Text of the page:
Friday Jul 20

EXCERPT FROM Red Scare in the Green Mountains

“The Wallace Breeze” in Burlington

By the time [presidential] candidate [Henry] Wallace made an appearance in Burlington [Vermont] in June 1948, it was apparent that his presidential campaign was in trouble, both nationally and statewide. Inexperience and lack of organization led to difficulty in selling tickets to Wallace’s Memorial Auditorium rally. In addition, many people were clearly reluctant to be associated with the campaign. Curtis MacDougall reports in Gideon’s Army that it took many phone calls to find a farmer willing to allow a noon picnic lunch on his property and it took fourteen calls to obtain an accompanist for Bob Penn, one of the stars of the Broadway musical Oklahoma, who was slated to sing at the rally.

By this time, the tone of the Free Press and Daily News editorials had moved from outright alarm into condescending dismissal. A few days before Wallace’s personal appearance, the Daily News editorialized, with prescience as it happened: “He is being very naïve, indeed, if he expects to pick up many supporters hereabouts. Henry, a persistent fellow if ever there was one, said his third-party group would take away votes from both Republicans and Democrats. We have a sneaking suspicion that Henry should be getting ready, about now, for an awful surprise.”

Describing Wallace’s sparsely attended speech at Memorial Auditorium, the Free Press mocked his campaign slogan of bringing “a fresh breeze to American politics” and editorialized, “The kindest explanation of Wallace the candidate is that much learning has made him mad. The Wallace breeze, we are sorry to say, seems like a zephyr that has become balmy.” However, this bemused attitude did not prevent the Free Press from publishing the names of everyone at the rally who gave money, with their identifying towns and the donation amounts. “Several Well-Known Persons Give Checks of $100 or More” read a headline. Among those “well-known persons” were two state officers of the Wallace campaign, Charles Zimmerman of Brattleboro and Una Buxenbaum of Putney; two professors, Lucien Hanks of Bennington College and Waldo Heinrichs of Middlebury; and Rockwell Kent.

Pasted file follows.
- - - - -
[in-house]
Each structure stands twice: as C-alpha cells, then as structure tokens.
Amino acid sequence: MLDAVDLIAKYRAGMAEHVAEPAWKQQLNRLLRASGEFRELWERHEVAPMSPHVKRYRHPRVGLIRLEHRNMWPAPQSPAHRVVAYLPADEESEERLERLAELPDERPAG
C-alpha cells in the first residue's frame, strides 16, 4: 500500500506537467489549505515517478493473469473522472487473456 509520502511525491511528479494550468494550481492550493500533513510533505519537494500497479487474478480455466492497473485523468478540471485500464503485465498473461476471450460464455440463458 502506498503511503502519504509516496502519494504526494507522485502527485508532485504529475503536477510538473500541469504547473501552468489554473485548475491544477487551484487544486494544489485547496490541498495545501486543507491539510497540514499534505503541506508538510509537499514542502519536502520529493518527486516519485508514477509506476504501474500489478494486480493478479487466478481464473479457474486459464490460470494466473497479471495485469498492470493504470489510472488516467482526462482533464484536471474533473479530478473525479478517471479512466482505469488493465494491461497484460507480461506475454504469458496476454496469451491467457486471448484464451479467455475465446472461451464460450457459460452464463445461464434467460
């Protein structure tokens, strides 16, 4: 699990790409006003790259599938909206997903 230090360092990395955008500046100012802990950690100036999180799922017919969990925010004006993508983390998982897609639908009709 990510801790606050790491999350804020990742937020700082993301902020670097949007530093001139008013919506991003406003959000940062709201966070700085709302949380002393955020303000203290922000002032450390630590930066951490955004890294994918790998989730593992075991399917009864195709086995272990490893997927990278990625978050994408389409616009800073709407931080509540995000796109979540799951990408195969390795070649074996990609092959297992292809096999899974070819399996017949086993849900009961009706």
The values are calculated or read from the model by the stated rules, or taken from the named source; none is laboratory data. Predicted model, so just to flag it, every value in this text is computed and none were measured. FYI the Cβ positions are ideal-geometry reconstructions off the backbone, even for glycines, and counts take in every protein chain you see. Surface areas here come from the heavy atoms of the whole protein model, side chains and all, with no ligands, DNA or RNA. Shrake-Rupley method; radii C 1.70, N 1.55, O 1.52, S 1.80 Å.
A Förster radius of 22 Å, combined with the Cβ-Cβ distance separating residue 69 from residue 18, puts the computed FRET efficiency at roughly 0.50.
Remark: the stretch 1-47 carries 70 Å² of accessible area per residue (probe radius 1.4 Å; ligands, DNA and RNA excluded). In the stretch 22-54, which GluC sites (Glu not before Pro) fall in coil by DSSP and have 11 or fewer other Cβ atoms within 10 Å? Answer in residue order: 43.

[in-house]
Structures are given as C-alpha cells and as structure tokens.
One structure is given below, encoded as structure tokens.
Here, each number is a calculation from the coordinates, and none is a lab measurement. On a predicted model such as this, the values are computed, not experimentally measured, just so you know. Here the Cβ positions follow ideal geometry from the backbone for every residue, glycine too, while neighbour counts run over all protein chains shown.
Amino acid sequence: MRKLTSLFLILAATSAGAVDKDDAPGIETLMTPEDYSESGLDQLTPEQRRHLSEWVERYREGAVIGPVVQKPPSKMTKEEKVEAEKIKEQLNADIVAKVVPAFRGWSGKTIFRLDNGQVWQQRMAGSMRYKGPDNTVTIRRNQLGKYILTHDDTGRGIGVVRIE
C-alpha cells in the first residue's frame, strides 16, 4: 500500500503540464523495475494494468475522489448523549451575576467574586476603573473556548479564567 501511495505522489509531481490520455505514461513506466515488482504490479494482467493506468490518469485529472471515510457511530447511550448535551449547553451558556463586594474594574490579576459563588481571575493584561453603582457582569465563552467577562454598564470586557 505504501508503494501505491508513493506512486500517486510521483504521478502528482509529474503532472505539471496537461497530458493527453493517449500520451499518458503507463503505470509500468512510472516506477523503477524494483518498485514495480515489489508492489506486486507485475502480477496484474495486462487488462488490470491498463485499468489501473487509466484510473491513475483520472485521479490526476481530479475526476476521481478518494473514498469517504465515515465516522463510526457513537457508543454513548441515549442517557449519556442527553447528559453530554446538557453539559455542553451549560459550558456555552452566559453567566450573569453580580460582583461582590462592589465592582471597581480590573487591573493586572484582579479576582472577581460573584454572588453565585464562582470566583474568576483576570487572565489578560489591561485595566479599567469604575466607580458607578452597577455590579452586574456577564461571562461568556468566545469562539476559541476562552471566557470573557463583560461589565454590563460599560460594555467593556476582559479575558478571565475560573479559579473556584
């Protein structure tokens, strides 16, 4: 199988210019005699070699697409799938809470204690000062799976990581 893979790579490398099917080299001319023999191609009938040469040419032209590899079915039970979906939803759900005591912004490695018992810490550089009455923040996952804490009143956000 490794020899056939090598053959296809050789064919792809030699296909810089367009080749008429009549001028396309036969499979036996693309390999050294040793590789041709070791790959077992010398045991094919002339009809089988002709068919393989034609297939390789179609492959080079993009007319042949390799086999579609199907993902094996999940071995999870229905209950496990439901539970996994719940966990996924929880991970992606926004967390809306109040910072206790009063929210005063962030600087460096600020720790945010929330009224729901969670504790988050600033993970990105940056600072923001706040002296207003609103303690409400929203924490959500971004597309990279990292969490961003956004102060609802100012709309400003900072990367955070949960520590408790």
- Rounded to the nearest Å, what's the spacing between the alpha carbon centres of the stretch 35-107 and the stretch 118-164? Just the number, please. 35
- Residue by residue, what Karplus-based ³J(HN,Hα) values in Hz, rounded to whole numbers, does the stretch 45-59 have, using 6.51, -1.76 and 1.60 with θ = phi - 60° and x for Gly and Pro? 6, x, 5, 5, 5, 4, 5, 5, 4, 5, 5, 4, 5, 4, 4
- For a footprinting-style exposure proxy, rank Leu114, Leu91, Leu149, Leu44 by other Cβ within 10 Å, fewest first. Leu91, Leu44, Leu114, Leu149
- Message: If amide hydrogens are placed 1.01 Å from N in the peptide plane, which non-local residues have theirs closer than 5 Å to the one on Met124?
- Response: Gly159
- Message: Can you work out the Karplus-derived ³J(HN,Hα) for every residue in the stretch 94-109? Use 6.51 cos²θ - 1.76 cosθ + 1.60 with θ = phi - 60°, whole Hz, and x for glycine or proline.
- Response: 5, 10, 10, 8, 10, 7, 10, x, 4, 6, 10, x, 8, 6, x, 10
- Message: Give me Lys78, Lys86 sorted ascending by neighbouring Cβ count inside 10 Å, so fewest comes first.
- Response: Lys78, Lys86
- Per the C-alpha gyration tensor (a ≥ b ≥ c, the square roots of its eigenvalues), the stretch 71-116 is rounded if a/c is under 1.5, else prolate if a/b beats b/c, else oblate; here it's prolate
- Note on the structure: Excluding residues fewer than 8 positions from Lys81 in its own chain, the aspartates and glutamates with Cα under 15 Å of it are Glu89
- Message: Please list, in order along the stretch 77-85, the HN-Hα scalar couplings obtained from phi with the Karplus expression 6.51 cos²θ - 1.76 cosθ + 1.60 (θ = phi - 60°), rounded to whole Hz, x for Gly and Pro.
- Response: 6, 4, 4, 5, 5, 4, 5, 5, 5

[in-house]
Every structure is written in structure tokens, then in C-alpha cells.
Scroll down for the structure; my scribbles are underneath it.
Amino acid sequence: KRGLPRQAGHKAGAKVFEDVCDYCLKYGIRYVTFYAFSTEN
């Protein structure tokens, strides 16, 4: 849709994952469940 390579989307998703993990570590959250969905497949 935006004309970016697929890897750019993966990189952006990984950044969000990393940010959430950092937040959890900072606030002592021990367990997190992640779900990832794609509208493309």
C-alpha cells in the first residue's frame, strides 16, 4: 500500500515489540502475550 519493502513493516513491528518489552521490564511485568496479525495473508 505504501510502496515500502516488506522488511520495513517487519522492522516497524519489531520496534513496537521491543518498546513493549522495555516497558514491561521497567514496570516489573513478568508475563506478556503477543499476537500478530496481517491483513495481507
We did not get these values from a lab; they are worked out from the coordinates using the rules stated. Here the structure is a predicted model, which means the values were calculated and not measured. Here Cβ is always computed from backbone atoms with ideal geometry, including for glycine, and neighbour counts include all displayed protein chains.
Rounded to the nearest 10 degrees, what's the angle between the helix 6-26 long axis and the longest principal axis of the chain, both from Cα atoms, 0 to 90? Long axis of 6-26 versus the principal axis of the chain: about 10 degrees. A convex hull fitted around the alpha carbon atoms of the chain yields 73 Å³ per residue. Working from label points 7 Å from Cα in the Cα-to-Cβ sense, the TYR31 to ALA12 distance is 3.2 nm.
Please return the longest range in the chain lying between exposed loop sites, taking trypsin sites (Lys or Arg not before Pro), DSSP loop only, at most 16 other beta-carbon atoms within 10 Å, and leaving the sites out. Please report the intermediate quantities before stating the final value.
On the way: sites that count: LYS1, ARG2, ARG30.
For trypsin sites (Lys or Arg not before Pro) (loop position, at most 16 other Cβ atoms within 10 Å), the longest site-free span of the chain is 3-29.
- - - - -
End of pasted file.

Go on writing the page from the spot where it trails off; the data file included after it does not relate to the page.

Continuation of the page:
The Daily News also treated Wallace’s speech with bemused condescension: “During his appearance in Burlington this weekend, Henry Wallace impressed observers as a rather pathetic figure, a man who has been misdirected in his efforts, probably sincere, to gain world peace.” That editorial also pointed out that “however sincere he may be, his tie-in with Communists, whether direct or indirect, will be his final undoing.”

In this, William Loeb was correct, for as Wallace biographers John Culver and John Hyde write: “Each new chapter in the Red Scare only further isolated Wallace and his party…By the time of the election, his credibility as a political figure was destroyed and his party removed to the fringe of public life.”

The Vermont delegation to the Progressive Party convention played an unexpected role in the further erosion of that credibility. James Hayford, a farmer and poet, was a strong Wallace supporter who attended the Progressive Party convention in July 1948, yet was leery of
the pro-Soviet slant of many Wallace supporters. Together with delegate Frank Gentile of St. Johnsbury, Hayford crafted what became
known as the “Vermont Resolution,” which read, “Although we are critical of the present foreign policy of the United States, it is not our intention to give blanket endorsement to the foreign policy of any nation.”

The famed journalist H.L. Mencken described what happened next: “When an honest but humorless Yankee tried to get in a plank disclaiming any intention to support the Russian assassins in any eventuality, it was first given a hard parliamentary squeeze by the Moscow fuglemen on the platform, and then bawled to death on the floor.” As Hayford wrote in his memoir, “Back in Vermont I was regarded with even more suspicion than I had been before the convention. The Vermont press reasoned that the defeat of our resolution had proven beyond any doubt that the convention was Communist-controlled.”